If you find any typos, errors, or places where the text may be improved, please let us know by providing feedback either in the feedback survey (given during class), by using GitLab, or directly in this document with hypothes.is annotations.
Reproducible Research in R
An introductory workshop on modern data analyses and workflows
Updated: September 13 2020
The course is designed as a series of participatory live-coding lessons, where the instructor and learner code together, has hands-on exercises interspersed throughout the course, and has a final group assignment of doing a simple data analysis project. This website contains all of the material for the course, from reading material to exercises, to images. It is structured as a book, with “chapters” as lessons, given in order of appearance. We make heavy use of the website throughout the course where code-along sessions follow the material on the website nearly exactly (with slight modifications for time or more detailed explanations).
The course material was created using rmarkdown to write the lessons,
bookdown to create the book format, GitLab to host the Git
repository of the material, and GitLab CI with Netlify to create the website.
The original source material for this course is found on the
r-cubed GitLab repository.
- hypothes.is, a web annotating tool. Go to “Get Started” to give feedback and add comments directly on this website.
- GitLab and creating a new Issue to make comments and give feedback for the material.
1.1 Re-use and licensing
The course material is licensed under the Creative Commons Attribution 4.0 International License and the course code is licensed under a MIT License, so the material can be used, re-used, and modified, as long as there is attribution to this source.
1.2 Previous versions
There have been two previous “formal” versions of the course given so far:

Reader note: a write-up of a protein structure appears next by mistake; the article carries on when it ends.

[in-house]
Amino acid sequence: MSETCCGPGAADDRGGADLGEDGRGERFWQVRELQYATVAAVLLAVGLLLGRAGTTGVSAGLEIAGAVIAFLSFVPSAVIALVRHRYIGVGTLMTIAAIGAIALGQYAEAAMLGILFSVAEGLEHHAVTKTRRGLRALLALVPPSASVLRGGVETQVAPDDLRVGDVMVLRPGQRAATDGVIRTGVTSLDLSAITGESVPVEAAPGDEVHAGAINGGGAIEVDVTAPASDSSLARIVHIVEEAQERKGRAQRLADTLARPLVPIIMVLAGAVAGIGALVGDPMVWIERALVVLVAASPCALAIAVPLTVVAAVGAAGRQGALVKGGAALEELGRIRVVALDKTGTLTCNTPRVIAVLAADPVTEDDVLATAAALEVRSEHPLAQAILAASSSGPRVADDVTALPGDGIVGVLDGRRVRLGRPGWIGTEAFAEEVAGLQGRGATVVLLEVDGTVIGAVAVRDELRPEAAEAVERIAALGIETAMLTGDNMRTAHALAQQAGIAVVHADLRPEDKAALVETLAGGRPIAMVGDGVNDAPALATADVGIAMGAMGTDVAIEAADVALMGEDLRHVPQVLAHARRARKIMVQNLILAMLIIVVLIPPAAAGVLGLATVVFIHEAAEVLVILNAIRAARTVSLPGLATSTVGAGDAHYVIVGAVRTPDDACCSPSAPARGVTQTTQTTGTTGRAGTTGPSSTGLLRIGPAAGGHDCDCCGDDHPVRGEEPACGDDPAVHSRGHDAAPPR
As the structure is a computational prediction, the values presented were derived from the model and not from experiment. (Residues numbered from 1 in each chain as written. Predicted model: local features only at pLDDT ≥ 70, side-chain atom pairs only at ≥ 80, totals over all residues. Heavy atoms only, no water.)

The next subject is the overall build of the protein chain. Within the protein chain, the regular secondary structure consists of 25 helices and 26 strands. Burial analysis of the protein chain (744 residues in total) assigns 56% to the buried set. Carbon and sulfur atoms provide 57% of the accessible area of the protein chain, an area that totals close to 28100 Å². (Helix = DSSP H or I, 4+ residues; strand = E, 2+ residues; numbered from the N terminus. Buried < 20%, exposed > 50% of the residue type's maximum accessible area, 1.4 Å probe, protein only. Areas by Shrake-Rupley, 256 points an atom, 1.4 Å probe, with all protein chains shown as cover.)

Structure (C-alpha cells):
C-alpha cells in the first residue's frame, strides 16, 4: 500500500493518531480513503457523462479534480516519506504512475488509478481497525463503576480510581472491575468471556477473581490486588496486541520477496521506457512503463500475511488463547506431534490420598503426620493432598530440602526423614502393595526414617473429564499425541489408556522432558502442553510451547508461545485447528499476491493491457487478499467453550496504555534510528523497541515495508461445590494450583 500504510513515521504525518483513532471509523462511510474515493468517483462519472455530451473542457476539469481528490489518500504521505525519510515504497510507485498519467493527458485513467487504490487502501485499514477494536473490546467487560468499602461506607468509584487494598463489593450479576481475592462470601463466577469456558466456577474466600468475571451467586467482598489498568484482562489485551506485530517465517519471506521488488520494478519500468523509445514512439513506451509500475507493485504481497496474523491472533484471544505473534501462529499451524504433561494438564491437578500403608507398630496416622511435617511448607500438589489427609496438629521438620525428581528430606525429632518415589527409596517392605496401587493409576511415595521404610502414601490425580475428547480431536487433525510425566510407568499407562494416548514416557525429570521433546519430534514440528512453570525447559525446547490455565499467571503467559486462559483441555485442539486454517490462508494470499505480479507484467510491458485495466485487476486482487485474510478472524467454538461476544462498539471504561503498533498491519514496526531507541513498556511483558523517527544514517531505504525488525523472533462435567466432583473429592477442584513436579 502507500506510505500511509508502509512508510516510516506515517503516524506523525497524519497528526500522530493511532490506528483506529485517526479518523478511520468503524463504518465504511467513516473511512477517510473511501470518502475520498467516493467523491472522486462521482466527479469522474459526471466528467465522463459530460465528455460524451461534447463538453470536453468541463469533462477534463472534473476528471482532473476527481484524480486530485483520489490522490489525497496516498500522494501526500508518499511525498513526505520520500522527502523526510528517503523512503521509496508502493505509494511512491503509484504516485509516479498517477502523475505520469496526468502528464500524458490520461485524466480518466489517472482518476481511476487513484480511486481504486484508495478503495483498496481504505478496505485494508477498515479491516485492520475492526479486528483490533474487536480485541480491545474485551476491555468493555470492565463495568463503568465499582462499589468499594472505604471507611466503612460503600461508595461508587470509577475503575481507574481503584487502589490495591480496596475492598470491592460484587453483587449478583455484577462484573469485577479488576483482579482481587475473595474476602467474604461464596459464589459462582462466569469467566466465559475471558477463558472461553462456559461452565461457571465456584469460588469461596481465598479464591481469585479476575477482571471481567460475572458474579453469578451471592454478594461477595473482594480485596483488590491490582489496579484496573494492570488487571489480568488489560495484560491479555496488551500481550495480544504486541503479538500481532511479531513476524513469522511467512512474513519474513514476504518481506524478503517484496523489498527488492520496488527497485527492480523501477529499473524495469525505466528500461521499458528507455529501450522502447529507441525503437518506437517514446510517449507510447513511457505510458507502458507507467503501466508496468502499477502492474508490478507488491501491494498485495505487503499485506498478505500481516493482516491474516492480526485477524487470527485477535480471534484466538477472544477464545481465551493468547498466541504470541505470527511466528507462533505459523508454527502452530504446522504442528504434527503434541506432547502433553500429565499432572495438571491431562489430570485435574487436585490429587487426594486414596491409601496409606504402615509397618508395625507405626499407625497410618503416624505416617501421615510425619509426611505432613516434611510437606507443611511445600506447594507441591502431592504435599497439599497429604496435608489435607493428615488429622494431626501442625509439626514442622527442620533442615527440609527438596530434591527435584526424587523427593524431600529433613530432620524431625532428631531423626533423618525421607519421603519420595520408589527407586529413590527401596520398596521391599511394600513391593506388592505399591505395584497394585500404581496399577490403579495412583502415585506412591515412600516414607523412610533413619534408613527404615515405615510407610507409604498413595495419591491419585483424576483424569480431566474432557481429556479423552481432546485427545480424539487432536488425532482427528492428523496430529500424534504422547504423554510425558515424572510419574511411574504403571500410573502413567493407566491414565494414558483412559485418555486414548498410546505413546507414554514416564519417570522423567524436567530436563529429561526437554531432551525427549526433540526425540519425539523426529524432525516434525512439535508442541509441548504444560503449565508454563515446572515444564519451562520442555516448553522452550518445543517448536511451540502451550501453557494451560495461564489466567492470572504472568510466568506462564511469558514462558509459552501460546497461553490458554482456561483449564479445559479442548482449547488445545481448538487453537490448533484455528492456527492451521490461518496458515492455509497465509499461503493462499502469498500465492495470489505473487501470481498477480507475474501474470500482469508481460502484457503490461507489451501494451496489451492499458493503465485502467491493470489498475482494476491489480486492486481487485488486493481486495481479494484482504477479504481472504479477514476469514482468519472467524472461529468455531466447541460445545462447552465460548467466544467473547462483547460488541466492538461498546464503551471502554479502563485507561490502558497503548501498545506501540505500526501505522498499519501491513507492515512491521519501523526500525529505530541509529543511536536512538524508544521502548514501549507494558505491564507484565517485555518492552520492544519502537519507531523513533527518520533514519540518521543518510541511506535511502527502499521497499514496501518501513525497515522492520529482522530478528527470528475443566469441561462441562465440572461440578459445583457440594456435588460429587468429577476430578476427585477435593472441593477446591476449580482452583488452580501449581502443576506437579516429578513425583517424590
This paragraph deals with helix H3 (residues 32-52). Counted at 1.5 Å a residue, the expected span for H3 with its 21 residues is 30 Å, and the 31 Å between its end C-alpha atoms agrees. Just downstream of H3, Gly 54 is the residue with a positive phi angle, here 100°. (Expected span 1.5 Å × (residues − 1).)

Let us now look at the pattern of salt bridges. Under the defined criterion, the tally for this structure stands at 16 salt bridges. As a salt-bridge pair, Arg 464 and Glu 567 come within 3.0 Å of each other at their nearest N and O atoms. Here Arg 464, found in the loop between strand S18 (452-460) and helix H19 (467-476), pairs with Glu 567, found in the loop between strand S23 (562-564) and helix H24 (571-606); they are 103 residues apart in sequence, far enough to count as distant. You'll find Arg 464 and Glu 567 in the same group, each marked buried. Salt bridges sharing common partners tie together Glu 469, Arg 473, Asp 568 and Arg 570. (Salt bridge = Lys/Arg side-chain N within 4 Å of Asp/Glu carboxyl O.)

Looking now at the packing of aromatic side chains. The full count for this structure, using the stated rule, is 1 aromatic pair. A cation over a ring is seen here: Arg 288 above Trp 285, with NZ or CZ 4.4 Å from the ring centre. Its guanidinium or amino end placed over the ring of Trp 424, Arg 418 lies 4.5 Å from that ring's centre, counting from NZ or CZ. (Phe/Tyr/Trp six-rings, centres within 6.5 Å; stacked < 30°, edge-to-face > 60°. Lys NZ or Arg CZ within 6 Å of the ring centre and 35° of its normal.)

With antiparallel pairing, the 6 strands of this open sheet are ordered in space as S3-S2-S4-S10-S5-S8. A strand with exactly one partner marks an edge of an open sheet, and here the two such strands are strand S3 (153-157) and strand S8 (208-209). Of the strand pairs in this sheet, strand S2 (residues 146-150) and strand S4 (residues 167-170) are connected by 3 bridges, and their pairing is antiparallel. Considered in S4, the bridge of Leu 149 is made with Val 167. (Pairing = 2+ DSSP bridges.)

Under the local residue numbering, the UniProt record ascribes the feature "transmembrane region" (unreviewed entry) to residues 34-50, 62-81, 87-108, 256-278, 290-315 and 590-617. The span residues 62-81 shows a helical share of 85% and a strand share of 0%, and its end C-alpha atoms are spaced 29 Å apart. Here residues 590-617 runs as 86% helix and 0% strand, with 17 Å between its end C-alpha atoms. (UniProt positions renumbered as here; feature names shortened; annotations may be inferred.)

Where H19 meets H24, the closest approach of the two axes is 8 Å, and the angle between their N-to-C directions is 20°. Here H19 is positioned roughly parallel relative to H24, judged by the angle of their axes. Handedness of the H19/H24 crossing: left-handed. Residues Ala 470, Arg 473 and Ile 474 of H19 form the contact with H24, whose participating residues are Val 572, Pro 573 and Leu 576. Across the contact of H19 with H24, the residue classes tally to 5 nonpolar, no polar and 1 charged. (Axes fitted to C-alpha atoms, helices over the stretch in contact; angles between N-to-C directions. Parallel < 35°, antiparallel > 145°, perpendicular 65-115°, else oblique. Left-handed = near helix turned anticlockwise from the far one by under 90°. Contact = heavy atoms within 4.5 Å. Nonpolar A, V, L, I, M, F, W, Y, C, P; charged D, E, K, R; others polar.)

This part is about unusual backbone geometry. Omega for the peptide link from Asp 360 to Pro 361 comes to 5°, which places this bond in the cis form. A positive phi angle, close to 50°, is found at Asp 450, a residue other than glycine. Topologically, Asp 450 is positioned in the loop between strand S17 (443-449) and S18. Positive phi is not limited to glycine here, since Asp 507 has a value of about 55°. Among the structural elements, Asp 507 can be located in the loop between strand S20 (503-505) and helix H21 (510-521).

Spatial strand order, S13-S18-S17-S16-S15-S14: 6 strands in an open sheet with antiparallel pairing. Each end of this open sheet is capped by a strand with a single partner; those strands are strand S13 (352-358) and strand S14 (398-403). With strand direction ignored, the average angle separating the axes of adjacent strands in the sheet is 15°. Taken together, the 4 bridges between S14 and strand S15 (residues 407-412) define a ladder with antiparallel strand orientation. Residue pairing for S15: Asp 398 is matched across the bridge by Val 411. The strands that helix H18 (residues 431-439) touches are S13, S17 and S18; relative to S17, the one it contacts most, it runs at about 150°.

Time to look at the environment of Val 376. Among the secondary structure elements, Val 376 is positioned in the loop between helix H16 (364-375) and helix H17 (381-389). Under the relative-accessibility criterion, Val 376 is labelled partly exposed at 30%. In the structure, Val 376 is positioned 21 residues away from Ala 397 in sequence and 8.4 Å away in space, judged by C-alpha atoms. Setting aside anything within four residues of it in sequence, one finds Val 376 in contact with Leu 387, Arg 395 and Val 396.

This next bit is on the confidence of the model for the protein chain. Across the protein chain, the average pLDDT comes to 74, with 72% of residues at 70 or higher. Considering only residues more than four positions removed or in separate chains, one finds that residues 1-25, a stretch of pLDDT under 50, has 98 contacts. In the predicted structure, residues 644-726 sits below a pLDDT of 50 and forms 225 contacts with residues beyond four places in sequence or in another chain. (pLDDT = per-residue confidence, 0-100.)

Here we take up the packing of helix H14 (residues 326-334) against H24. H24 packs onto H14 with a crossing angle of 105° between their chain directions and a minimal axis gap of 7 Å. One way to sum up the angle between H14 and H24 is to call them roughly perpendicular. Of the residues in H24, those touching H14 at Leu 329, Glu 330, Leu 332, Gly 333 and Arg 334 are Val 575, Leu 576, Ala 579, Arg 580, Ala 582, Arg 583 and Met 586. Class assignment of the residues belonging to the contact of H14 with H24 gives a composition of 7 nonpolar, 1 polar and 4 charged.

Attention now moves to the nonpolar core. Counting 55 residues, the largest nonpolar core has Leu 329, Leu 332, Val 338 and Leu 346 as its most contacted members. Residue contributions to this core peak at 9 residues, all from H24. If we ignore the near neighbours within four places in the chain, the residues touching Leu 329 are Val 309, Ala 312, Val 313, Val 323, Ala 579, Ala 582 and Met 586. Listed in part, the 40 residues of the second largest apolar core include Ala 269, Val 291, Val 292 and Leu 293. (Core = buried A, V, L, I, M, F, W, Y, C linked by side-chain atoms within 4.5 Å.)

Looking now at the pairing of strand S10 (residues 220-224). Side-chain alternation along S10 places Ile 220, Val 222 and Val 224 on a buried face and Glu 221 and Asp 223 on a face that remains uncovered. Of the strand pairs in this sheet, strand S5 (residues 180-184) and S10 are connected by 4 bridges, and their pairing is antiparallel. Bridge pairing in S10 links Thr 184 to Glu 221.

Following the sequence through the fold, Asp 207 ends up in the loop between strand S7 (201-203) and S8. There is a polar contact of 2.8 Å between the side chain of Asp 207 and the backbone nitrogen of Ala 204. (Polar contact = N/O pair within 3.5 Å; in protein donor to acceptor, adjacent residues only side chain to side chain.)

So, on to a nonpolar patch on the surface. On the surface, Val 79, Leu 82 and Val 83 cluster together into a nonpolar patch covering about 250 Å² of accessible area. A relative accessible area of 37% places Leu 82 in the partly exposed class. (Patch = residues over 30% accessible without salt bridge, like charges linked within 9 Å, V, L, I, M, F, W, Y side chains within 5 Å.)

Contributors for version 1 were:
- Luke Johnston: Brainstormed most of the course material and structure; set up the website; organized and coordinated the course; wrote, prepared, and taught most of the code-along sessions, as well as several lectures.
- Daniel Witte: Participated in brainstorming on the course structure and laytout; prepared and taught most of the lectures.
- João Santiago: Taught and edited the R Markdown code-along session material.
- Anna Schritz: Taught and edited the Data Management and Wrangling code-along session material.
- Omar Silverman (helper) proofread and provided feedback on the material for several sessions.
Contributors for version 2 were:
- Luke Johnston: Same as with version 1.
- Daniel Witte: Prepared and taught most of the lectures.
- Helene Baek Juel: Edited and taught the Data Visualization code-along session material, as well as reviewed multiple other sections.
- Bettina Lengger: Edited and taught the Data Management and Wrangling code-along session material, as well as reviewed multiple other sections.
Contributors for version 2.1 were:
TODO: Add this once done.
Many pieces from the (in development) course Merely Useful were modified and used in several places throughout the r-cubed course. Other parts were taken and modified from:
- The Aarhus University Community of Research Software Users sessions on project management, data management and wrangling, intermediate dplyr and tidyr usage, data visualization, and R Markdown.
- A Git session, given for the UofTCoders.
- The UofTCoders Intro to R course for Ecology students.
The Danish Diabetes Academy hosted, organized, and sponsored versions 1 and 2 of the course. A huge thanks to them for their involvement, support, and sponsorship! Both Steno Diabetes Center Aarhus and Aarhus University were employers of Luke Johnston and Daniel Witte (the initial founders and creators).